Corruption is also common. Not surprisingly, local powers try to resist pressure or co-opt it, and U. Jihadi groups exploit these problems and try to portray themselves as able to deliver law and order more effectively and even to provide better social services than the government. The United States is not well-positioned to resolve these deep governance problems. The budgets of the State Department, USAID, and associated programs are increasingly a rounding error when compared with the overall defense budget. Putting its budget questions aside, the State Department is not bureaucratically committed to the governance mission and instead focuses on elite diplomacy.

The counterterrorism mission has also led to significant opportunity costs. The United States and its key allies have devoted considerable time and resources to this challenge. In so doing, other problems, like a more bellicose Russia and the rise of China, received less attention.


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  • Eighteen Years On: The War on Terror Comes of Age – Combating Terrorism Center at West Point.
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That is the central focus of the maps and Figures in this report, and each of its major sections. None of these limitations mean that the START data, or the various analytic groups that draw upon it and are used in this report, do not provide information that is broadly correct or fail to reveal key trends. In practice, each clearly defines the major uncertainties in its data and methods. They do, however, make it difficult to make country-to-country comparisons, make it difficult to know exactly when military actions are — or are not-treated a terrorism, and falsely exempt state actors from legitimate charges of terrorism.

Another key problem in such reporting on terrorism is that it does not address the causes of terrorism and insurgency or address the issue of why major terrorist activity or civil violence should end. Reporting focuses on acts of terrorism, direct human costs in death and injuries, and perpetrators, and not on its causes and efforts to address them.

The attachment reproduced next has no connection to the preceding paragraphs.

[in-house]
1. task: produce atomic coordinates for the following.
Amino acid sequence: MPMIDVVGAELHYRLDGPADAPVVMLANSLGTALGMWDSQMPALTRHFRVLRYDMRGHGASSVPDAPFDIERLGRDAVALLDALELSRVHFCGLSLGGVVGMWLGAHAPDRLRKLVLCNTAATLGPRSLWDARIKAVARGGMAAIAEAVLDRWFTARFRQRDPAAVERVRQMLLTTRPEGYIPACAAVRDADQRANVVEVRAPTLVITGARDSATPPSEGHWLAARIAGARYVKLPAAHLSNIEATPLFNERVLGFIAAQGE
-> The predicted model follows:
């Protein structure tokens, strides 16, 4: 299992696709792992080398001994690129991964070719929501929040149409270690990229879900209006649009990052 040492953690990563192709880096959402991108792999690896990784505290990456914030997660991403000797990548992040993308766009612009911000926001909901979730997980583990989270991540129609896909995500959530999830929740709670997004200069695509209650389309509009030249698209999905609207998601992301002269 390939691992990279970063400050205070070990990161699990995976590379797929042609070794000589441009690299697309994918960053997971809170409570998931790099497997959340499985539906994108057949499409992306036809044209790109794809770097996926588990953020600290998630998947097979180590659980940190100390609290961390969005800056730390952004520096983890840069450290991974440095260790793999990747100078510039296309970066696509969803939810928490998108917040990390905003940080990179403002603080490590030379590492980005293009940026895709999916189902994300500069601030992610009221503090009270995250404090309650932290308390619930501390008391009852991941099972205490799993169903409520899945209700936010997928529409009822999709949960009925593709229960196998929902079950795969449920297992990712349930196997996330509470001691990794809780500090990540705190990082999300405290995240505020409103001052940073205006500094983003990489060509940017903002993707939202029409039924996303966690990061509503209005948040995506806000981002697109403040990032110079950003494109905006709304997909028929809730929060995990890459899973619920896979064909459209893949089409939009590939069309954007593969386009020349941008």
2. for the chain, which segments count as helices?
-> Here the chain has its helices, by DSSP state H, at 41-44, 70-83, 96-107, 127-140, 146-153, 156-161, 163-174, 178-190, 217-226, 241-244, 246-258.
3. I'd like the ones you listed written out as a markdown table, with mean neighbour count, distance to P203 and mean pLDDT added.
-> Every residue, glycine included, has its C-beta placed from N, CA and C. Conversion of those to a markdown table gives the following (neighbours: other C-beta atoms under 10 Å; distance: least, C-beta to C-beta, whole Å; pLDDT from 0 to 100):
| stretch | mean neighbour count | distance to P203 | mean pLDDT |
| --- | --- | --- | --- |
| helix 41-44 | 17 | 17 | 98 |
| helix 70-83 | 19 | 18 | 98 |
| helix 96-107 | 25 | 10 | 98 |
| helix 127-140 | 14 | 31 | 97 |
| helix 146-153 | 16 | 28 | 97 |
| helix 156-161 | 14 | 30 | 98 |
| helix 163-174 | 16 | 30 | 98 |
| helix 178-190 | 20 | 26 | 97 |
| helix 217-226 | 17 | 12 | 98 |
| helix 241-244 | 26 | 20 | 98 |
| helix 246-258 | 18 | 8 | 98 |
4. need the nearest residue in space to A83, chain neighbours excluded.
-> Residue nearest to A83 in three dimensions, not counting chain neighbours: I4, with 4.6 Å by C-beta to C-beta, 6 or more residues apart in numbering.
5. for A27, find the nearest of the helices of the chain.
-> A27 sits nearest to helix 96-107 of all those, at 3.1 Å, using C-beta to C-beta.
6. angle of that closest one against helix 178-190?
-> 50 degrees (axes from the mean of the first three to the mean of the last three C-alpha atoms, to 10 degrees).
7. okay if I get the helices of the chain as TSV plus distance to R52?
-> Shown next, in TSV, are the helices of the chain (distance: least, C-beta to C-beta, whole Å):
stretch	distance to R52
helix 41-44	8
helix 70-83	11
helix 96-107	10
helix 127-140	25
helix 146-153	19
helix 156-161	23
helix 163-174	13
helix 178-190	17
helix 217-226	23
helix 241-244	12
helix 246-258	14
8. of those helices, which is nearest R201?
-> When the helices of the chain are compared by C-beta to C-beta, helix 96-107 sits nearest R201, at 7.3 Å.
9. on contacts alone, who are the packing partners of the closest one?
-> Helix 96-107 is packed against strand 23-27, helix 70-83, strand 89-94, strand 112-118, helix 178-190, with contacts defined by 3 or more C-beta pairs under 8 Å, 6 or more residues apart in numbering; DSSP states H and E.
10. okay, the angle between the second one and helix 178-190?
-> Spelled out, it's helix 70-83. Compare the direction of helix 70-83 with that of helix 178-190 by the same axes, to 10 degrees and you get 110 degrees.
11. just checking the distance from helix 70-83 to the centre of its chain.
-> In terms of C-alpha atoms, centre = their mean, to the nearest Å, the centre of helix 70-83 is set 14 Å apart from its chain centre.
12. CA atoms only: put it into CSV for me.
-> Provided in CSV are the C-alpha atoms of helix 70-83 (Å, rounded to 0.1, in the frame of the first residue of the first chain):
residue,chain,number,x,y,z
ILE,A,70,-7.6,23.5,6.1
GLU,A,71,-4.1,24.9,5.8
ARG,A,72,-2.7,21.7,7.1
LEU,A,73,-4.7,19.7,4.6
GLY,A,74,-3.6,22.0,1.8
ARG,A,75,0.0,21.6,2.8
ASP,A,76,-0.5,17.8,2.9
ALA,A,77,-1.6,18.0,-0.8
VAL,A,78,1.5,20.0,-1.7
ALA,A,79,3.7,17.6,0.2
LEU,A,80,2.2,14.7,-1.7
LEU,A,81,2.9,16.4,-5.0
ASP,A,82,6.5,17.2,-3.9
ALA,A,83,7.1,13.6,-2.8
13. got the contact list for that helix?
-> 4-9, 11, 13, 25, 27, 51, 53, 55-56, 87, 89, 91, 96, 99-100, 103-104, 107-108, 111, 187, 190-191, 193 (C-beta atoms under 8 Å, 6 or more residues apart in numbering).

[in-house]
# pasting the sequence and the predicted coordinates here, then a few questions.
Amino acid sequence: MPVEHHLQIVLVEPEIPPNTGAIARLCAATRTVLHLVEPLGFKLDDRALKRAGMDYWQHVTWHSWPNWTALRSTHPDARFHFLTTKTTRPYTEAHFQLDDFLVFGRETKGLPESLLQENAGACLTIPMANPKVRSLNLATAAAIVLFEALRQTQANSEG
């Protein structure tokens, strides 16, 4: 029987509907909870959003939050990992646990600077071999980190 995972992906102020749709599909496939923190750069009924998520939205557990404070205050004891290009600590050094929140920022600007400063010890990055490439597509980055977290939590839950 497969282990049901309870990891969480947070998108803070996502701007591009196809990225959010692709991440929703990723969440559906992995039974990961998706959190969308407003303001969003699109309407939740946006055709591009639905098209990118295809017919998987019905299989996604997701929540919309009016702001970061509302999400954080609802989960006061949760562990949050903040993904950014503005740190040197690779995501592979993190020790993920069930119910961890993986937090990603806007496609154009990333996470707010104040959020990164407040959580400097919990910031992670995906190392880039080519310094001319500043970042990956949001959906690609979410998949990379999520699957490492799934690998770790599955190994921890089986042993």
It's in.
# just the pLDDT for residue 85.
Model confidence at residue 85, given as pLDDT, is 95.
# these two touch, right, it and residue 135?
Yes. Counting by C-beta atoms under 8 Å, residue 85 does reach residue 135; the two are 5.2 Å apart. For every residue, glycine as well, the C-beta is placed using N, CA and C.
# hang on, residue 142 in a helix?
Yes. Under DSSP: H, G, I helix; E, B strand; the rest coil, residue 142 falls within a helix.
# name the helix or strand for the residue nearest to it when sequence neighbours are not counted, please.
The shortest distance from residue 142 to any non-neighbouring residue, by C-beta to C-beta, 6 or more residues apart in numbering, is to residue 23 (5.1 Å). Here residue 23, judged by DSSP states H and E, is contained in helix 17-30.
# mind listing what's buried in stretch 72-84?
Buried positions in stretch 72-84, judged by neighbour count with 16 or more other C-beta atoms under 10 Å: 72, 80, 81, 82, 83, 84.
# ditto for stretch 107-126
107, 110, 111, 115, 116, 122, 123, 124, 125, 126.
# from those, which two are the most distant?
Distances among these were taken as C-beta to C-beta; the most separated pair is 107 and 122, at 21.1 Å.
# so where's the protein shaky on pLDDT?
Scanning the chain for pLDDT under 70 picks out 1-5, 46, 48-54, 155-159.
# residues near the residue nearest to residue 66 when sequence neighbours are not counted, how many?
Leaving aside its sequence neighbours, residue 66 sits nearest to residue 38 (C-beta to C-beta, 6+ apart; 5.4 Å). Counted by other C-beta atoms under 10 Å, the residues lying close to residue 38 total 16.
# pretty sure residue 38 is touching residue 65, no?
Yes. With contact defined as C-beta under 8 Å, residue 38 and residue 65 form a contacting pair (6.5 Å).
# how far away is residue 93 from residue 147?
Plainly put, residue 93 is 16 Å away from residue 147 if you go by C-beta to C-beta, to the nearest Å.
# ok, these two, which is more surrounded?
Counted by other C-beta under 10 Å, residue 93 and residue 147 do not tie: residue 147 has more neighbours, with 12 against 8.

There not only is at least a partial decoupling of most of the statistics on terrorism from associated insurgencies and civil wars, there is a near total decoupling from the civil side of counterterrorism and counter insurgency, the equivalent of stability and civil-military operations, and success in reshaping and reforming national politics, governance, and economics.

Step Back: Lessons for U.S. Foreign Policy from the Failed War on Terror | Cato Institute

This has been particularly true of the United States since , which focused the U. It has also been accelerated by the U. The mix of causes varies sharply by region, country, and often divisions within a given country. As noted earlier, causes include state terrorism, violence, and repression. They also, however, include ideological, sectarian and religious divisions and tensions, and ethnic, racial, tribal, and nationality divisions — all often involving major aspects of discrimination by a given government.

At the same time, as the World Bank, IMF, UNDP, and Arab Development reports have shown, they include poor to terrible governance, failed rule of law, corruption, poor development and income, and population pressure and unemployment — often all interacting in the same country or state. Afghanistan Iraq, Syria, Somalia, Pakistan, Libya, Yemen, the Sudan are all examples of failed states with broad ranging causes of internal dissent and violence. While terrorism and extreme violence can never be justified in ethical or moral terms, no strategy that attempts to deal with terrorism can be successful that not recognize the nature and seriousness of its causes.

Addressing these problems is not the responsibility of counterterrorism experts in the narrowest sense of the term, but fighting half a war is a good way to lose one. The U. Like far too many other states, this means it only has half a strategy, and has taken a largely "hole" in government approach to counterterrorism. While the U. This has limited terrorist and extremist gains in the cases where the U. As in Vietnam, however, it is far from clear that U.